Syndrome of Inappropriate Antidiuretic Hormone Secretion (SIADH): Care Instructions

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Your Care Instructions

Antidiuretic hormone (ADH) is a chemical made in the brain. It causes the kidneys to release less water. This reduces the amount of urine. At times, ADH levels are higher than they should be. This can happen if you have certain health problems. It is known as syndrome of inappropriate antidiuretic hormone secretion (SIADH).

SIADH may occur with lung disease or cancer. It can also happen with diseases of the brain and spinal cord. Using certain medicines may also cause it.

SIADH can cause fluid to build up in your body. It may cause hyponatremia (say "hy-po-nuh-TREE-mee-uh"). This is a low level of sodium in the blood. If this happens, the balance of fluid and sodium in your body isn't normal. You may have symptoms such as loss of appetite, nausea, vomiting, and headaches.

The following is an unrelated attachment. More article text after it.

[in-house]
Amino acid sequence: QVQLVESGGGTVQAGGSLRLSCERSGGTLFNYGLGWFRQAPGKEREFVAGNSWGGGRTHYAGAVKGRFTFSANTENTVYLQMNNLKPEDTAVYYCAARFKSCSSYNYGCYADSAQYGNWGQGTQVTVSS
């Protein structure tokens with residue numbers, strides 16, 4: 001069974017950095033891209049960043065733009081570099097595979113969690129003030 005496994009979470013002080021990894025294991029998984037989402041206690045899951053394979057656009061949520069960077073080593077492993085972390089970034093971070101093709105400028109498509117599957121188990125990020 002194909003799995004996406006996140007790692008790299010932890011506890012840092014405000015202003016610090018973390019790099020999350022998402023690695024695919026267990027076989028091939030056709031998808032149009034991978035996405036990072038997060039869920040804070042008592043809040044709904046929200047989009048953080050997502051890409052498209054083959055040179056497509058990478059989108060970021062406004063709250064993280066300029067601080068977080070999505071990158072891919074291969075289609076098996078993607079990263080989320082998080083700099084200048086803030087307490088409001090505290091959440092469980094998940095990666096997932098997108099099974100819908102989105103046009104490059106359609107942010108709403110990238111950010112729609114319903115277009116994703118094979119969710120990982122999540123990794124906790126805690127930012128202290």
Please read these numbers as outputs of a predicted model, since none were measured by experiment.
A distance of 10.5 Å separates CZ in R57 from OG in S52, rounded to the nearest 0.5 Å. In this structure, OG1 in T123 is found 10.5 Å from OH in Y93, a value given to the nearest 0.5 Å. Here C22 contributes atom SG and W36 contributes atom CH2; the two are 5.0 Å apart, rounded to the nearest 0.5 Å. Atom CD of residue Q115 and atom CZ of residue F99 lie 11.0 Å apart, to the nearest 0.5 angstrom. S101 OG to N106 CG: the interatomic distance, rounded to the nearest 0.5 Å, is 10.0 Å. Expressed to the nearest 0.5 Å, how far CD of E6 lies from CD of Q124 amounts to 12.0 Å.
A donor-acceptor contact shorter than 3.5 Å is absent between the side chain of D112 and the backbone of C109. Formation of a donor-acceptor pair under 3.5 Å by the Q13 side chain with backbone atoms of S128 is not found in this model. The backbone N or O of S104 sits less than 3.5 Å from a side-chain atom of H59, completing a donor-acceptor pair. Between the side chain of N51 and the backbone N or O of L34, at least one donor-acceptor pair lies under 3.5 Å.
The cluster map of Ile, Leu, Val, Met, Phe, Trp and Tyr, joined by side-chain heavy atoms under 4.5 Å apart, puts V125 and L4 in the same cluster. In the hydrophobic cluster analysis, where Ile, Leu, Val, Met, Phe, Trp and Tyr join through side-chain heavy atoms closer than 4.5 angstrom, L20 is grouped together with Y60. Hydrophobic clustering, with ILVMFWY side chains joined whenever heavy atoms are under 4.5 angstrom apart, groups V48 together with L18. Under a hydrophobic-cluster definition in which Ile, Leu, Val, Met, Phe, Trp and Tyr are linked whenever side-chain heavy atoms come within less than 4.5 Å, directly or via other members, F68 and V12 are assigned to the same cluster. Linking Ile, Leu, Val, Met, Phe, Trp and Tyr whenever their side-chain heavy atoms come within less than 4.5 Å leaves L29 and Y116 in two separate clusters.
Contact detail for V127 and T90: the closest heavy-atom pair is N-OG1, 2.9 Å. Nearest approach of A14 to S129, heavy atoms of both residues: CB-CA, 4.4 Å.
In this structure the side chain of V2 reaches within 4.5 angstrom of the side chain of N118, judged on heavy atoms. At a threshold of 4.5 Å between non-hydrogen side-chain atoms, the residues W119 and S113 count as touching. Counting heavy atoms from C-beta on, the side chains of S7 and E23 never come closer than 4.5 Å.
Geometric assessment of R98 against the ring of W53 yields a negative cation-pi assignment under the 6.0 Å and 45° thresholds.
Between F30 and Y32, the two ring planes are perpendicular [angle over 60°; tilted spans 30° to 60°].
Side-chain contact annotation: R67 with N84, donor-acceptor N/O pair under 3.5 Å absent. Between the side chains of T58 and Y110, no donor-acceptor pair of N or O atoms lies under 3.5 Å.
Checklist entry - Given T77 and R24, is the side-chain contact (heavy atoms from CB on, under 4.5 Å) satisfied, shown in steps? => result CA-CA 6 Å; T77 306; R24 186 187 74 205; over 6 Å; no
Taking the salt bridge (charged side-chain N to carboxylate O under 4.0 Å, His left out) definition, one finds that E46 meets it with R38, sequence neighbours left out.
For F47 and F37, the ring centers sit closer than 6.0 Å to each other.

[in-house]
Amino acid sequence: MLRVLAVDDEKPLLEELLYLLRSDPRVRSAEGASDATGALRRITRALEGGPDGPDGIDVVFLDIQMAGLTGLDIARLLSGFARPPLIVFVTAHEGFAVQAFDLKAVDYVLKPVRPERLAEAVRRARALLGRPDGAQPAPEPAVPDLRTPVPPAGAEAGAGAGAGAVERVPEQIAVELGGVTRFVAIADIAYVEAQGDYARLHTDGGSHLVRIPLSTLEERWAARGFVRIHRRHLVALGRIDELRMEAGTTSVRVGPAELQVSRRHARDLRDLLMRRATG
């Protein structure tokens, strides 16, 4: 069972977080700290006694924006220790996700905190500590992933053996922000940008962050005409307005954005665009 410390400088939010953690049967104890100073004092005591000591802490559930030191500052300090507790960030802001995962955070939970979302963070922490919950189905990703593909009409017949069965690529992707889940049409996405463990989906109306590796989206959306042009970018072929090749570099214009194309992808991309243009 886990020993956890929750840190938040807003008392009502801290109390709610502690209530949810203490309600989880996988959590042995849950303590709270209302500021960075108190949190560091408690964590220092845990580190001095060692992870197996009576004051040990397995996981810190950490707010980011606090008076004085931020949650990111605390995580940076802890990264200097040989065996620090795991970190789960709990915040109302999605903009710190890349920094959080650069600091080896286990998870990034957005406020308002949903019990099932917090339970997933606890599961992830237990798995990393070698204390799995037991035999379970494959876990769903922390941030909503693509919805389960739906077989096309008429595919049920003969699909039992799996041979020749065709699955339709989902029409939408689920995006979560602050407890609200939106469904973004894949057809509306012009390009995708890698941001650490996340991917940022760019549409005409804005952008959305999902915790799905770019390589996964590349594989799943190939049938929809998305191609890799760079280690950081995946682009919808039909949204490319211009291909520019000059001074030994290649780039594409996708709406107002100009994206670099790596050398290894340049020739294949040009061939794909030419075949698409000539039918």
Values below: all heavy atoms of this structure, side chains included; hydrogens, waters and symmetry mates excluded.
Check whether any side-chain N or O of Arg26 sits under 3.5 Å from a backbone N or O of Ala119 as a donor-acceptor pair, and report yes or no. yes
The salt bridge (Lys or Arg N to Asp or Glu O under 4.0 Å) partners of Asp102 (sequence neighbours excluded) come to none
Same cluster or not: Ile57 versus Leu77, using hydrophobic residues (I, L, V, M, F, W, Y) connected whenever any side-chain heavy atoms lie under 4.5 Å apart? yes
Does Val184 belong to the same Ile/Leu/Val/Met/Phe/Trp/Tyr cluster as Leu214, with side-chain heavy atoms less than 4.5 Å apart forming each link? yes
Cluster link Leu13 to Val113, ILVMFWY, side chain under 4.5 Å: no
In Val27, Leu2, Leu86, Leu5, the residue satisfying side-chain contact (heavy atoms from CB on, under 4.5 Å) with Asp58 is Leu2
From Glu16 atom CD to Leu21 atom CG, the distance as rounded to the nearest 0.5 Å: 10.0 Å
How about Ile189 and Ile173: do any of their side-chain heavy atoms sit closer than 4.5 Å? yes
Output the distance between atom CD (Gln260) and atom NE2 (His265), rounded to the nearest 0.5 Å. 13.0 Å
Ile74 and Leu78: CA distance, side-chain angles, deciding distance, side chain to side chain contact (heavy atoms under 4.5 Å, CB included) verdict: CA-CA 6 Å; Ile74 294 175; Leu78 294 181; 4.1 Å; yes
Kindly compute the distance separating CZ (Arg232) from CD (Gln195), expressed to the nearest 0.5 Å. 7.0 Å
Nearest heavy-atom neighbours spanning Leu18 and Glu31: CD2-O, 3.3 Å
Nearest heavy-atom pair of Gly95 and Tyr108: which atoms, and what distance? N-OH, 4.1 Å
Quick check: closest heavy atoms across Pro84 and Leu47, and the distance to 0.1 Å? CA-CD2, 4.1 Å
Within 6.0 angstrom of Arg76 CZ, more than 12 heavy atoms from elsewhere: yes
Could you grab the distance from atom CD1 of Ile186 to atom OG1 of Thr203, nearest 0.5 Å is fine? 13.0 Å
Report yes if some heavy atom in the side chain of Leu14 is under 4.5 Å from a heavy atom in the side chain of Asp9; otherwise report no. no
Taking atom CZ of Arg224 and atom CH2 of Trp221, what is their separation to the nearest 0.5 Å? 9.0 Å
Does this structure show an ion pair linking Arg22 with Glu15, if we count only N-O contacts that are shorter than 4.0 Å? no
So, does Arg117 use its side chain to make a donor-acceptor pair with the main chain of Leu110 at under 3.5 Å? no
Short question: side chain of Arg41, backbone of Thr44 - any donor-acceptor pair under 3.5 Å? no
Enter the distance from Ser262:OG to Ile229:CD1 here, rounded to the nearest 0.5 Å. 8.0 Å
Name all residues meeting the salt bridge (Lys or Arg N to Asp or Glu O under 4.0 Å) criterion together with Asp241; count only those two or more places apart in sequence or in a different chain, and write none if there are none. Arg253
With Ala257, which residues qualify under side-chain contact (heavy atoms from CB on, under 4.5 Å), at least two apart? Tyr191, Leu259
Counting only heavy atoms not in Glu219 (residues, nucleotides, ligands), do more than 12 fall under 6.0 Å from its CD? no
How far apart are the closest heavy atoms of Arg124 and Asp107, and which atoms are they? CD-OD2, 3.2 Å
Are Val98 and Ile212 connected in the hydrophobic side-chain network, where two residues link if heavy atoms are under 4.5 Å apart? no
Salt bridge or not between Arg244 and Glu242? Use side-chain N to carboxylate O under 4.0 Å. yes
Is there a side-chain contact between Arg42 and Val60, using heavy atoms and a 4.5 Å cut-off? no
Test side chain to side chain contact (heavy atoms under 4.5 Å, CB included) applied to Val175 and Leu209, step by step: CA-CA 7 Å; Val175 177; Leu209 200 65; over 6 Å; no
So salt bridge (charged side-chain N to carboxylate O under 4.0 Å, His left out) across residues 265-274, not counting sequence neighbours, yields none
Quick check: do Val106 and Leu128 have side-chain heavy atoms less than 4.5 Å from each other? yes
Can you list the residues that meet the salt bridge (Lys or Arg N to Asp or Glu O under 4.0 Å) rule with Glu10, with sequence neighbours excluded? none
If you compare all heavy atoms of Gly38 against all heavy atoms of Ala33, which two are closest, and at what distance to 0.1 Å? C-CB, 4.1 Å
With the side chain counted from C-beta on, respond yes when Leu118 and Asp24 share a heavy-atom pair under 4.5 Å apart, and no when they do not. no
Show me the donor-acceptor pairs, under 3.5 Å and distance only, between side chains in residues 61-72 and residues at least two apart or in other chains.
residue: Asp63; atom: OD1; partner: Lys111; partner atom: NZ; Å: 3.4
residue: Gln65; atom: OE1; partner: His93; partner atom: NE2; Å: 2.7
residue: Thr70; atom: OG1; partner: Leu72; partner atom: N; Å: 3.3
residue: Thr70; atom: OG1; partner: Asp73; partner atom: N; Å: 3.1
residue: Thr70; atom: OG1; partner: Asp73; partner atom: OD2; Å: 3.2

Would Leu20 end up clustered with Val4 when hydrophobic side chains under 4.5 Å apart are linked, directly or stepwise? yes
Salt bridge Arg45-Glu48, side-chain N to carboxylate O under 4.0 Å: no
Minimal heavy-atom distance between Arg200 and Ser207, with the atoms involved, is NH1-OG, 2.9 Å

Follow-up care is a key part of your treatment and safety. Be sure to make and go to all appointments, and call your doctor or nurse call line if you are having problems. It's also a good idea to know your test results and keep a list of the medicines you take.

How can you care for yourself at home?

  • If your doctor tells you to, take pills or drink fluids that contain sodium (such as sports drinks). Or you can eat salty foods.
  • Limit your intake of water, tea, coffee, juices, and other liquids that are mostly water, as your doctor advises.
  • Be safe with medicines. Take your medicines exactly as prescribed. Call your doctor or nurse call line if you think you are having a problem with your medicine.
  • Get your sodium levels tested as your doctor recommends.

When should you call for help?

Call 911 anytime you think you may need emergency care. For example, call if:

  • You have a seizure.
  • You passed out (lost consciousness).

Call your doctor or nurse call line now or seek immediate medical care if:

  • You are confused or have trouble focusing.

Watch closely for changes in your health, and be sure to contact your doctor or nurse call line if:

  • You do not get better as expected.

Where can you learn more?

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